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**Chapter 31B - Transient Currents and Inductance**

A PowerPoint Presentation by Paul E. Tippens, Professor of Physics Southern Polytechnic State University © 2007

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**Objectives: After completing this module, you should be able to:**

Define and calculate inductance in terms of a changing current. Calculate the energy stored in an inductor and find the energy density. Discuss and solve problems involving the rise and decay of current in capacitors and inductors.

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**The back emf (red arrow) must oppose change in flux:**

Self-Inductance Consider a coil connected to resistance R and voltage V. When switch is closed, the rising current I increases flux, producing an internal back emf in the coil. Open switch reverses emf. R Increasing I R Decreasing I Lenz’s Law: The back emf (red arrow) must oppose change in flux:

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Inductance The back emf E induced in a coil is proportional to the rate of change of the current DI/Dt. R Increasing Di/ Dt An inductance of one henry (H) means that current changing at the rate of one ampere per second will induce a back emf of one volt.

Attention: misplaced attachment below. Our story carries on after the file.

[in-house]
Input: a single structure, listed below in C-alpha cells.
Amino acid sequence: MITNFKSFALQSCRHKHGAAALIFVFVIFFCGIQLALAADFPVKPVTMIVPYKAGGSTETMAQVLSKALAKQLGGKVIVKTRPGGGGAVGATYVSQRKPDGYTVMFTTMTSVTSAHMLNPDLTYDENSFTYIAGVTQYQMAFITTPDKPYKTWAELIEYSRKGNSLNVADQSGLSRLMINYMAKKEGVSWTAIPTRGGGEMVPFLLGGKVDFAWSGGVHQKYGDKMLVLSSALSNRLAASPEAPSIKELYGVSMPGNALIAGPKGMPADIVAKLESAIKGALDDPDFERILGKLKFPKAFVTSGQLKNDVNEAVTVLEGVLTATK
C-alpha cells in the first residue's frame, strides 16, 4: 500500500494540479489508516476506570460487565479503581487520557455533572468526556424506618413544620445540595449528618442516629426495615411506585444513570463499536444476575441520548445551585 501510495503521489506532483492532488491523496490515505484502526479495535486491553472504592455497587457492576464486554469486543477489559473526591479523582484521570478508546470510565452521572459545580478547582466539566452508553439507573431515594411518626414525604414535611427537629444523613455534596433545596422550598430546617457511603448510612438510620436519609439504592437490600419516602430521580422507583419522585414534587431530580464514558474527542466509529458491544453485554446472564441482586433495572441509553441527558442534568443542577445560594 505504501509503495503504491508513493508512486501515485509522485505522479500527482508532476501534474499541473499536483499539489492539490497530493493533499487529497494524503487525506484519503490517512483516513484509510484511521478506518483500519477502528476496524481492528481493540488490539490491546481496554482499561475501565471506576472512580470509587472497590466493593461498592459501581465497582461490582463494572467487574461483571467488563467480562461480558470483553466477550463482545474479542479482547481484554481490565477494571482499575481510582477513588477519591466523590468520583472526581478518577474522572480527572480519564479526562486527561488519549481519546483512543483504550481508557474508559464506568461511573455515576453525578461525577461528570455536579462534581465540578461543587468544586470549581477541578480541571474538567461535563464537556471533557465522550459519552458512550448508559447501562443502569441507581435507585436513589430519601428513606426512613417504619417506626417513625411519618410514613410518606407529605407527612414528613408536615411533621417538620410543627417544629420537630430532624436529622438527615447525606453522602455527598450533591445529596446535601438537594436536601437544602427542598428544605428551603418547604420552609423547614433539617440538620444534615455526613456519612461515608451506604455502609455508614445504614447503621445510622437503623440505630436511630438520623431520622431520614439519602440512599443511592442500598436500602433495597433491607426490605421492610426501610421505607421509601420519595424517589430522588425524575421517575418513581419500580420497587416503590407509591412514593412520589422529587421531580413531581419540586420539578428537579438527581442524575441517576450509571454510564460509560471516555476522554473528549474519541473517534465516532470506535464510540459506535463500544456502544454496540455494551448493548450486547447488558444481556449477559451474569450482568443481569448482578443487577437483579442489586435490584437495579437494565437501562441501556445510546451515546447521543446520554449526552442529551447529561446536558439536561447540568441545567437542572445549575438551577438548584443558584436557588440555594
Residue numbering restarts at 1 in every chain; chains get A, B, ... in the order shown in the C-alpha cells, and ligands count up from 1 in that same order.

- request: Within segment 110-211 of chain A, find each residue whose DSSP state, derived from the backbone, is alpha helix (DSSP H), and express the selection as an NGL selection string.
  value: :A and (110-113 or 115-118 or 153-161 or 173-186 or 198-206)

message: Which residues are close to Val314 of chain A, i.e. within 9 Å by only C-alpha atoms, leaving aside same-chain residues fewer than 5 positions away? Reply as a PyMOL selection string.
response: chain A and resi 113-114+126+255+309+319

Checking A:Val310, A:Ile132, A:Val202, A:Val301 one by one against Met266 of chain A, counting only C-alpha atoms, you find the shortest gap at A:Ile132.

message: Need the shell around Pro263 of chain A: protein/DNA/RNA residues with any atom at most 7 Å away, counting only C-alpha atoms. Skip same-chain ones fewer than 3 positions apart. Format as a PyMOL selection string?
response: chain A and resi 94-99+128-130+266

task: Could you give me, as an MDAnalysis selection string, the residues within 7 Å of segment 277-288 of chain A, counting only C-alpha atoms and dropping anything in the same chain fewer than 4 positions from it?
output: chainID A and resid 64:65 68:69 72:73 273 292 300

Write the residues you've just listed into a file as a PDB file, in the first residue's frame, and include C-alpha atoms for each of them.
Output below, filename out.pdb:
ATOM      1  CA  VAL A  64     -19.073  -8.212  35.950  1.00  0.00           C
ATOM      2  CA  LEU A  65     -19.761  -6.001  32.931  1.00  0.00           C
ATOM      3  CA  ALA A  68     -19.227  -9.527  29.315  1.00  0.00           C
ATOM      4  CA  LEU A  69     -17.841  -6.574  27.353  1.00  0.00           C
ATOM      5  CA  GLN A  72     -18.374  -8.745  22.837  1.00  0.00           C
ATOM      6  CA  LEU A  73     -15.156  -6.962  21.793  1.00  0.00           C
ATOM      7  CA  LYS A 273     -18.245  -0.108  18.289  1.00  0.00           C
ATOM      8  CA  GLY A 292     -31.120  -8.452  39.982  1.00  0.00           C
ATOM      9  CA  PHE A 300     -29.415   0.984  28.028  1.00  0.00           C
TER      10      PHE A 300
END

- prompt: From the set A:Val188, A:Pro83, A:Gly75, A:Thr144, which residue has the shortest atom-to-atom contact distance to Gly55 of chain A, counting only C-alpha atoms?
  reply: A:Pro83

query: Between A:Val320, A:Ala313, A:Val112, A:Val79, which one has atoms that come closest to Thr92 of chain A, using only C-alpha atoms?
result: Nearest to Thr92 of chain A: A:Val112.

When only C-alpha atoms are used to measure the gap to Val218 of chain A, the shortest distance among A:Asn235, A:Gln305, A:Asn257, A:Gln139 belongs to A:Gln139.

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Example 1: A coil having 20 turns has an induced emf of 4 mV when the current is changing at the rate of 2 A/s. What is the inductance? R Di/ Dt = 2 A/s 4 mV L = 2.00 mH Note: We are following the practice of using lower case i for transient or changing current and upper case I for steady current.

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**Calculating the Inductance**

Recall two ways of finding E: Increasing Di/ Dt R Inductance L Setting these terms equal gives: Thus, the inductance L can be found from:

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**Inductance of a Solenoid**

R Inductance L l B Solenoid The B-field created by a current I for length l is: and F = BA Combining the last two equations gives:

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**First we find the inductance of the solenoid:**

Example 2: A solenoid of area m2 and length 30 cm, has 100 turns. If the current increases from 0 to 2 A in 0.1 s, what is the inductance of the solenoid? First we find the inductance of the solenoid: R l A L = 8.38 x 10-5 H Note: L does NOT depend on current, but on physical parameters of the coil.

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**Example 2 (Cont. ): If the current in the 83**

Example 2 (Cont.): If the current in the 83.8-mH solenoid increased from 0 to 2 A in 0.1 s, what is the induced emf? R l A L = 8.38 x 10-5 H

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**Energy Stored in an Inductor**

At an instant when the current is changing at Di/Dt, we have: R Since the power P = Work/t, Work = P Dt. Also the average value of Li is Li/2 during rise to the final current I. Thus, the total energy stored is: Potential energy stored in inductor: